Nearly 19 years after it was first dedicated, the Children’s Memorial Tree is once again being unveiled and dedicated to children and adults who have passed away before their parents.
The sculpture, located near Wildwood Avenue and Highway 50, has been re-created by artist Dan Jones. The original log, which was rotting and infested with insects, has been replaced with a replica made of modified cement. The reconstruction has breathed new life into the memorial.
“I always said it takes a community to raise a child. It takes a community to remember a child,” said South Lake Tahoe resident Kenny Curtzwiler, who spearheaded the reconstruction and whose son Kaleb has a plaque on the memorial. “It’s also takes a community to pull something like this off.”
The Children’s Memorial Tree was originally dedicated in 1994. The sculpture, a log levitating log above a granite boulder, breaking free from steel straps, was meant to memorialize Rory Hrbacek, Sandy Haynes and Casey Smith, three young men that died suddenly in a tragic car accident in 1991. Their vehicle hit the very tree that was eventually felled to make the memorial. Their names on cast metal plaques were the first to decorate the log.
“This originally started out with three names, then it went to 30 names,” Curtzweiler said. “Now we’ve got 226 names from different countries and everything.”
Lake Tahoe parents who have lost children and parents who have lost children in the area will attend the re-dedication ceremony on Aug. 9. The family of 8-year-old Michael Roper, who died in a ski accident at a Lake Tahoe resort, will come from England for the event.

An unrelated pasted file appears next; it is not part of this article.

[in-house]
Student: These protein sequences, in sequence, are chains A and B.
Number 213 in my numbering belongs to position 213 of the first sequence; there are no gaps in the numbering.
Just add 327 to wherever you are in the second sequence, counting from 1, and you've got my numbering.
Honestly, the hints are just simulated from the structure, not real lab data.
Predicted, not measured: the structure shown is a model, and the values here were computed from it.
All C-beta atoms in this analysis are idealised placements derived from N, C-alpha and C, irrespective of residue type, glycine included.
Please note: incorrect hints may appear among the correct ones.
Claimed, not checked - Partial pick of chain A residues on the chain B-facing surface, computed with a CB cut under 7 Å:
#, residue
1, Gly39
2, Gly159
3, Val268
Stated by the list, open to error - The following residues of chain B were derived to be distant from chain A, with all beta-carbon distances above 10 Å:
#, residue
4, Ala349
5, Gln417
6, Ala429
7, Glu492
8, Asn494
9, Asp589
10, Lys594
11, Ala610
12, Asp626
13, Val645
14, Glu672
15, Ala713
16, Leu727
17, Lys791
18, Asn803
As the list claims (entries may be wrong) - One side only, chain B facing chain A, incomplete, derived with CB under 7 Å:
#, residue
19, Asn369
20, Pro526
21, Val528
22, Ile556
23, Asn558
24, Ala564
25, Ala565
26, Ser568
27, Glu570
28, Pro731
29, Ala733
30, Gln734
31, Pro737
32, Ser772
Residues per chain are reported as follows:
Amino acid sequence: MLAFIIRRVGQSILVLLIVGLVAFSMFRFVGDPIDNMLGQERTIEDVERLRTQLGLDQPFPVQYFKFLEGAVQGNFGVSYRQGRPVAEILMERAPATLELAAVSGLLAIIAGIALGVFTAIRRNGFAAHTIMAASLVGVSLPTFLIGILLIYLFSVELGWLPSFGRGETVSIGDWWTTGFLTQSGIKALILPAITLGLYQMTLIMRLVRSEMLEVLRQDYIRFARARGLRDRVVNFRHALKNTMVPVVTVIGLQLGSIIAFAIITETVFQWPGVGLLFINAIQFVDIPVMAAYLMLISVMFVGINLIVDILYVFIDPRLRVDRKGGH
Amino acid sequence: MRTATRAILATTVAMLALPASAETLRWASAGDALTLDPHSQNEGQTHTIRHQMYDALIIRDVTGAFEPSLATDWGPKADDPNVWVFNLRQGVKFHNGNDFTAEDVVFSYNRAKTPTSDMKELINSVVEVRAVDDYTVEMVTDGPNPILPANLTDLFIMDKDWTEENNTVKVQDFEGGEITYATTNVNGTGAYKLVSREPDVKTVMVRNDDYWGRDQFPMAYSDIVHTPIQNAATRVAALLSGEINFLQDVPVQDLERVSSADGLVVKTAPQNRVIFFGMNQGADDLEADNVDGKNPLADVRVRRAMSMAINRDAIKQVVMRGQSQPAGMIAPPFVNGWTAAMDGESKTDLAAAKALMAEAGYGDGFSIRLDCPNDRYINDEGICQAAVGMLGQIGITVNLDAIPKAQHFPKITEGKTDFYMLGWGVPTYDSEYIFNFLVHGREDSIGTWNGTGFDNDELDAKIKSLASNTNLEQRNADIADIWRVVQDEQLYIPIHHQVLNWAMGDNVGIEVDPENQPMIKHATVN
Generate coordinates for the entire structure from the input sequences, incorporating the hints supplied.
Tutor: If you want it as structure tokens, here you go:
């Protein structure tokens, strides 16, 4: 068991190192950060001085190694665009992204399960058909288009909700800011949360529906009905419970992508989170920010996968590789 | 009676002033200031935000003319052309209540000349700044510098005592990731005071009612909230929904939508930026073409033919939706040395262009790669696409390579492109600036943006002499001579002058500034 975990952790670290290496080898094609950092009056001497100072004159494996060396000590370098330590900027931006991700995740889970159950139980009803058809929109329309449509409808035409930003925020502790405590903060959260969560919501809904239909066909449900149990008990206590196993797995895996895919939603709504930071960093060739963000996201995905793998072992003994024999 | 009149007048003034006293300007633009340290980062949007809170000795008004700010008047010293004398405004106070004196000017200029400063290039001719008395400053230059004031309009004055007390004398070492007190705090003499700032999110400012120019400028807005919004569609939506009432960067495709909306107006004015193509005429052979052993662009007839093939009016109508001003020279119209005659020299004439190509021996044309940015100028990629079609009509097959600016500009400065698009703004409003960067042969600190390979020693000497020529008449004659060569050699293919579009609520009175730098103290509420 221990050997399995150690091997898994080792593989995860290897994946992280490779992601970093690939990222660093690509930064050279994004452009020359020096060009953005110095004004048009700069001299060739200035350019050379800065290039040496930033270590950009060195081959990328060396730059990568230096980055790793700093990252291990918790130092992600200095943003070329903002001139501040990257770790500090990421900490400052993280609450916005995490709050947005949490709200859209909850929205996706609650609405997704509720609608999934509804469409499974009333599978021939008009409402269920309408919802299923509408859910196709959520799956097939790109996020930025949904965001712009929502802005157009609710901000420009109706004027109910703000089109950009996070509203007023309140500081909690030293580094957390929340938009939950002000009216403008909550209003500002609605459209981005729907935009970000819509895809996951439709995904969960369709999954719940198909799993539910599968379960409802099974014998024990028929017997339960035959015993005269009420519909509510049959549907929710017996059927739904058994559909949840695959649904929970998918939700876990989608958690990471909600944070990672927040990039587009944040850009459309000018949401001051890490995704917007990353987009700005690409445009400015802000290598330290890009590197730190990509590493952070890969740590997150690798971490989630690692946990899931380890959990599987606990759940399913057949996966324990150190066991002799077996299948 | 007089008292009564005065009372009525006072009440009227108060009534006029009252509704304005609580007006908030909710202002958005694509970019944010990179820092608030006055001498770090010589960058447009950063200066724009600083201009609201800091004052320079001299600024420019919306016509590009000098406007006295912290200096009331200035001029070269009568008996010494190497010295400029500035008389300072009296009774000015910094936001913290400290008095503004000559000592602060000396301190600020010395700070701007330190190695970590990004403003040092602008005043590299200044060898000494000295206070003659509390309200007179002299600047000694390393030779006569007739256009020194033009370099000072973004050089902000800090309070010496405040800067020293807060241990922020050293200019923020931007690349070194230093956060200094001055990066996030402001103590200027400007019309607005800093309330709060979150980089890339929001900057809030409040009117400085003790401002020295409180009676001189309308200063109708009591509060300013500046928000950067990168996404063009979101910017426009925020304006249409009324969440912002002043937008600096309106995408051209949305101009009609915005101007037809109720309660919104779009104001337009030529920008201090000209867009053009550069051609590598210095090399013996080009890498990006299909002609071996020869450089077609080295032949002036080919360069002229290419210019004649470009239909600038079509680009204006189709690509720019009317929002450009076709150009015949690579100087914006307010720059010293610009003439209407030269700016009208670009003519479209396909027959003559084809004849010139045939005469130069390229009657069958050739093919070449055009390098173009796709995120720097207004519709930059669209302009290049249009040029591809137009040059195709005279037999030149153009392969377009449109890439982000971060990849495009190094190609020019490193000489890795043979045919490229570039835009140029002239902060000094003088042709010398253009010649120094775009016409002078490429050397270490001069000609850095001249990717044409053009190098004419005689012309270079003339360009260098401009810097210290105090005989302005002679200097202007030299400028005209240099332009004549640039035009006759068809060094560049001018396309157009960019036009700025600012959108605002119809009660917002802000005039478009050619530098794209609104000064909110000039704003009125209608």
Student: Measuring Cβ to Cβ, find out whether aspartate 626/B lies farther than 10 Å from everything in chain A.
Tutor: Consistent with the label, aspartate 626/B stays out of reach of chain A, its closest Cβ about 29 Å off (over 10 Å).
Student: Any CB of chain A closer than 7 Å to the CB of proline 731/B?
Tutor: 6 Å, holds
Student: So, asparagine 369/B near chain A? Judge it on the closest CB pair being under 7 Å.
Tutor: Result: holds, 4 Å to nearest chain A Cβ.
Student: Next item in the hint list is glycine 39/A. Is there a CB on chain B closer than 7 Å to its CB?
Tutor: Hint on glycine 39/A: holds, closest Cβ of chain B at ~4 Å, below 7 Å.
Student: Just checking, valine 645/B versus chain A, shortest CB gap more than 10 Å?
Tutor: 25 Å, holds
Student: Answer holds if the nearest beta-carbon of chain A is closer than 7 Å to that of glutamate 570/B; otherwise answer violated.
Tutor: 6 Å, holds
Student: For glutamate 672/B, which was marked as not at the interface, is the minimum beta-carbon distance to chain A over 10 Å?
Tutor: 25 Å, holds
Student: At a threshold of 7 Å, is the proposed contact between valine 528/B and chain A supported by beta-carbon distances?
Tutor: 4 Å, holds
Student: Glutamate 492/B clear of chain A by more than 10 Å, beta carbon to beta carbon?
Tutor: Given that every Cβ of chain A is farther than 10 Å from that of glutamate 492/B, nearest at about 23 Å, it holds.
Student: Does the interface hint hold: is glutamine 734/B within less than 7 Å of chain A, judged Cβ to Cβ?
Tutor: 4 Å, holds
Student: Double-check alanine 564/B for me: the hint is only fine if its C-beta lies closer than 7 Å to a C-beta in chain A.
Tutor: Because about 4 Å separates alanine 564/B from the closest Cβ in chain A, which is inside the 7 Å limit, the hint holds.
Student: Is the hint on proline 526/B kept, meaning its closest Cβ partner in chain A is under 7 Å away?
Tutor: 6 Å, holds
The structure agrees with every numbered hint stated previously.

“That’s the most important thing is when people come to the tree, they say there is something there,” said Sue Hrbacek, Rory Hrbacek’s mother.”They can be near the log and talk to their children, or be with their children.”
Artist Dan Jones created the original design of the memorial. With the help of many community members, Jones also spent hours replacing the original log with the new concrete form. Though the log itself has changed, the message has stayed the same, Jones said.
“It’s a sad thing, but it’s also a joyous thing,” he said.
A plaque on the log reads, “Say Not In Grief That They Are No More But In Thankfulness That They Were.” The log no longer represents the death of her son, but the strength of the community, Hrbacek said. Curtzweiler agreed.
“This is no longer about my son,” he said. “It’s about the community.”
Curtzweiler hopes that the area surrounding the park can soon be transformed into a memorial park with a walkway and benches and more room for names.
“We don’t really want to say no to someone who has a tie to South Lake Tahoe,” Curtzweiler said.